Instead, explains Dr. Rhonda Low, a Vancouver family physician, "because the regimens are usually very restrictive and very low in calories, weight loss occurs because of initial water loss and the extreme caloric restriction—not from flushing toxins from our bodies." In addition to water loss, you may lose some lean body tissue or muscle and just a small amount of fat. While the water can be regained almost overnight, the muscle loss can lead to a slower metabolism—which may make you more apt to gain weight in the long run.
Intermittent fasting has been shown to increase fat loss while maintaining lean muscle mass. In one four-week study, researchers concluded that a fasting diet resulted in greater weight loss — while maintaining muscle mass — than participants following a low-calorie diet. This happened even though the total calorie intake over the four weeks was similar in both groups[*].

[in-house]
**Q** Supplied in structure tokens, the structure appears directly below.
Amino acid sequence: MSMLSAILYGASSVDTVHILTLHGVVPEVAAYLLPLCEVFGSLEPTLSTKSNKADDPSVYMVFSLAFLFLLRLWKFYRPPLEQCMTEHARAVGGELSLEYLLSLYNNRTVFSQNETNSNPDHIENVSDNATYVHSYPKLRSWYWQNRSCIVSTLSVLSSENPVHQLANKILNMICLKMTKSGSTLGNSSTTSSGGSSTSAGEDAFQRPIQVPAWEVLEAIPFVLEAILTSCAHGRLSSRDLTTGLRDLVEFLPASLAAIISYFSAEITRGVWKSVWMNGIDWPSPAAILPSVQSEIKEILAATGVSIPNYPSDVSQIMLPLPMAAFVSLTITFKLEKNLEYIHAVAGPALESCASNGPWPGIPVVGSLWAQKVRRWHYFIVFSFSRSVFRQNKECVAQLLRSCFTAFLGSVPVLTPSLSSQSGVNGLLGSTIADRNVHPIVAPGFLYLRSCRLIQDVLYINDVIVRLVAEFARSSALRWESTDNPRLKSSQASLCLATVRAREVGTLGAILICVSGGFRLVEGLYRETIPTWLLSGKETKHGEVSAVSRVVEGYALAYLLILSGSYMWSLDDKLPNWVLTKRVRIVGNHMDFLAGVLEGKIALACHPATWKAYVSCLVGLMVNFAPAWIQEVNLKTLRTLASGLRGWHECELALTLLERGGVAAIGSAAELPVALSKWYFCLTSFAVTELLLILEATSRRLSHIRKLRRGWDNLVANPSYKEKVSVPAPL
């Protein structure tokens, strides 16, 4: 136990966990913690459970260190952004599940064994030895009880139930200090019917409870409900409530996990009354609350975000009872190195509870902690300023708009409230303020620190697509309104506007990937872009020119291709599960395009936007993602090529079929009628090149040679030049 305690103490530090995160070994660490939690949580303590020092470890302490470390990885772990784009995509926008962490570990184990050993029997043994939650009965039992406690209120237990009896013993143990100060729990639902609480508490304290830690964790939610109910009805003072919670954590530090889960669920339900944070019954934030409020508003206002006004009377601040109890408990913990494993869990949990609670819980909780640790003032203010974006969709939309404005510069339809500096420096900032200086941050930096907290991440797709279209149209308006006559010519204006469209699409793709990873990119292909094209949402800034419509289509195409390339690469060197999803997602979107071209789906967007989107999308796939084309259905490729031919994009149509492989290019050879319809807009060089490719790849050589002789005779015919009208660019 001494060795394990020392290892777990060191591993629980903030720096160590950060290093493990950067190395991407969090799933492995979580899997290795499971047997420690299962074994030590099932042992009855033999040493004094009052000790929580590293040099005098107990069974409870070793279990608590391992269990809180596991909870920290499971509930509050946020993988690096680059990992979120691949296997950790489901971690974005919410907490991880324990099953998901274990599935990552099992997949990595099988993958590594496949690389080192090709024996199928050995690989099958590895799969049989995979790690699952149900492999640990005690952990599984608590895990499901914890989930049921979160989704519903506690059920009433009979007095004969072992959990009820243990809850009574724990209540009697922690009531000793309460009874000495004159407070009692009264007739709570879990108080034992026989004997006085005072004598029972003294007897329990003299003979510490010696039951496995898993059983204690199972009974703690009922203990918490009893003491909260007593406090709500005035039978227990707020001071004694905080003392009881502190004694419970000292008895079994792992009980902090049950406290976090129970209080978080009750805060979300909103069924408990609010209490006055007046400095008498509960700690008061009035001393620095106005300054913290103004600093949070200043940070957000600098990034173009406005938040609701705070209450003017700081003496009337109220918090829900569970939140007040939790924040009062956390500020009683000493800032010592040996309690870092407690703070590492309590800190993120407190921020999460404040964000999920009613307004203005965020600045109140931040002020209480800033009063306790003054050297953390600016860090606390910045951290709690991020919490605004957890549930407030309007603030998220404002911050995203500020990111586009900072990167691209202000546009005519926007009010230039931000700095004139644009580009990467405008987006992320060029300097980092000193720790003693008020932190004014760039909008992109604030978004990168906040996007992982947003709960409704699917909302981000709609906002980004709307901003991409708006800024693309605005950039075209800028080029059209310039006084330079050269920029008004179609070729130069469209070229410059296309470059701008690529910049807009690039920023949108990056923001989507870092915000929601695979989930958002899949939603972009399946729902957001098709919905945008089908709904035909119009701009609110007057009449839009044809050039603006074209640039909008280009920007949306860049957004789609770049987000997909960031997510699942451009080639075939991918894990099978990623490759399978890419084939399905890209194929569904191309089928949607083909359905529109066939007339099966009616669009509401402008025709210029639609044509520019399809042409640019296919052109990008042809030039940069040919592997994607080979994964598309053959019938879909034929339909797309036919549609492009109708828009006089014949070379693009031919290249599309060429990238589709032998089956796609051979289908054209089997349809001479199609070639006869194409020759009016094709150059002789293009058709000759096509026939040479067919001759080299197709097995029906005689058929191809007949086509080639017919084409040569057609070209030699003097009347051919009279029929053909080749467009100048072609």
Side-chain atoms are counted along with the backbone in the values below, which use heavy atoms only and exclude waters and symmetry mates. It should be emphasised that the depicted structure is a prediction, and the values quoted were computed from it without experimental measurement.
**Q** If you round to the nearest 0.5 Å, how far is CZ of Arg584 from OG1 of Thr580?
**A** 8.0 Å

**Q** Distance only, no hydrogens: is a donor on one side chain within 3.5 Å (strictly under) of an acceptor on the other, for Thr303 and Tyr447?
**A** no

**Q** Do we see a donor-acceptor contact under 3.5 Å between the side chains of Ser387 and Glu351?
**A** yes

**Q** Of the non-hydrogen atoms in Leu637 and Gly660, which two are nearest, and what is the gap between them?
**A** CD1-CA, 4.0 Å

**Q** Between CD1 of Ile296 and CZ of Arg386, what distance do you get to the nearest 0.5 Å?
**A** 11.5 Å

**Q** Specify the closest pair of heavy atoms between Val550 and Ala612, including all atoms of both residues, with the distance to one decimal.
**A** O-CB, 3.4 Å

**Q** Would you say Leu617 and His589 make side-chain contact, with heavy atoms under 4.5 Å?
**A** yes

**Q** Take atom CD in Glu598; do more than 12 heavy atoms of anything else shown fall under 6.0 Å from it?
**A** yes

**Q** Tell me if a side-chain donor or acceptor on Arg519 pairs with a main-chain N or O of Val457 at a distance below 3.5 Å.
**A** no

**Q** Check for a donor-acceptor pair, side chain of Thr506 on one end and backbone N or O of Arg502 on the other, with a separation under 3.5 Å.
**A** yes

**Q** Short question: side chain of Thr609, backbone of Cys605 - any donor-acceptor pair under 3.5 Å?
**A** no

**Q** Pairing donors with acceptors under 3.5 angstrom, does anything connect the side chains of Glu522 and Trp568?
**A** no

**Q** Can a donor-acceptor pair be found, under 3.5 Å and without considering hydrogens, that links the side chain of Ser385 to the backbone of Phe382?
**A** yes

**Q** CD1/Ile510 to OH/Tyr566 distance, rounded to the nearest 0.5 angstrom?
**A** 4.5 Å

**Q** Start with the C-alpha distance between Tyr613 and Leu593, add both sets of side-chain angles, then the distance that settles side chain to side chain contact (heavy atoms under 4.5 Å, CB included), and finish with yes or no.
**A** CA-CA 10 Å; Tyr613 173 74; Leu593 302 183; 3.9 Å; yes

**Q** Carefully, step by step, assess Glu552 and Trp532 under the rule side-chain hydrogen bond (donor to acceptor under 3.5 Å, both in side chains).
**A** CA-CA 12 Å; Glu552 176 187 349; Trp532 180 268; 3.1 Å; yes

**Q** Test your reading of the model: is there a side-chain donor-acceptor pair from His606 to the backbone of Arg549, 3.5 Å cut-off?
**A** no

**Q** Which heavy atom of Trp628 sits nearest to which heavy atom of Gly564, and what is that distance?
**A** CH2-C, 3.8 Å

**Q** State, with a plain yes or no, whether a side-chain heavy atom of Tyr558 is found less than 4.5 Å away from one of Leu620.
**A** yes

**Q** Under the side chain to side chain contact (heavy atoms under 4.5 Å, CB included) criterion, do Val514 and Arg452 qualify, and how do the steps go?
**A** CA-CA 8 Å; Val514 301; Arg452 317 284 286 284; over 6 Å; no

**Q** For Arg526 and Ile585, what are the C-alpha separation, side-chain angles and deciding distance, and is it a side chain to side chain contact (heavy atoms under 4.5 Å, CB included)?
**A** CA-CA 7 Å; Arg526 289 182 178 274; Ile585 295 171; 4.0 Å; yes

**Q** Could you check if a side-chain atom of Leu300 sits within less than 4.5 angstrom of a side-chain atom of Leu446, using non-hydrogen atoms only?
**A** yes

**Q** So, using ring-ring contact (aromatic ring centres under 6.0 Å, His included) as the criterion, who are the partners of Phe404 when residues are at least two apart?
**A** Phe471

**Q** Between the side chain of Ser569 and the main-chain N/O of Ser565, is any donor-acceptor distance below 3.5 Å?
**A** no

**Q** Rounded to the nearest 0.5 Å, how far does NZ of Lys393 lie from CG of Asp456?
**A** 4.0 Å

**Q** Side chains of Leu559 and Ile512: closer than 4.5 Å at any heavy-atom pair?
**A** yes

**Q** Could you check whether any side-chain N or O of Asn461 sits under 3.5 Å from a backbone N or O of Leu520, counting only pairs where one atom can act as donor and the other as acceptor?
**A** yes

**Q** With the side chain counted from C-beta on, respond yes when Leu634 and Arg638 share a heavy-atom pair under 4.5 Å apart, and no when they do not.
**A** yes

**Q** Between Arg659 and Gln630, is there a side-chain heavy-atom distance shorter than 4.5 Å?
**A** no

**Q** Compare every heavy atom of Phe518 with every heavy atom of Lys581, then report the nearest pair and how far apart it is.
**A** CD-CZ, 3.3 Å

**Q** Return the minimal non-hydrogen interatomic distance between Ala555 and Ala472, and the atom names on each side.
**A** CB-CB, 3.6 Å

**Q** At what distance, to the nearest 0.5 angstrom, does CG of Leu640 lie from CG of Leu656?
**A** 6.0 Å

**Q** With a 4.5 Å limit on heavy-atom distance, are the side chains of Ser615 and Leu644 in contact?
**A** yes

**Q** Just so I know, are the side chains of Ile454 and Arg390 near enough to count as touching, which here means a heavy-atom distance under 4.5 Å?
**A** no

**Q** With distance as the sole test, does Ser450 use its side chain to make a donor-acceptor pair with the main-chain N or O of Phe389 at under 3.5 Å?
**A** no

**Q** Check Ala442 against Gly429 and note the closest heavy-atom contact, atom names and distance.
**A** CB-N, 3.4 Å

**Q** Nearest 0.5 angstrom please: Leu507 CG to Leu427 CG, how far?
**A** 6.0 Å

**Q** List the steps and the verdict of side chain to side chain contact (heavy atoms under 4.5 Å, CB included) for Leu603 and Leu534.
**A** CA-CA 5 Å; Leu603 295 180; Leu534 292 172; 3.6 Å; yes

"The term 'detox' has become a buzzword that is often misused by the media and consumers," says Jackie Armstrong, MPH, RDN, EP-C. Jackie is a Performance & Wellness Nutritionist at Stanford University and the founder of Well-Fueled.com. She says that detox diets are often misunderstood. "Our organs and tissues are constantly in a state of detoxification — getting rid of unwanted substances produced by the body or from our environment." She goes on to explain that research is lacking to support the effectiveness of most detox diets.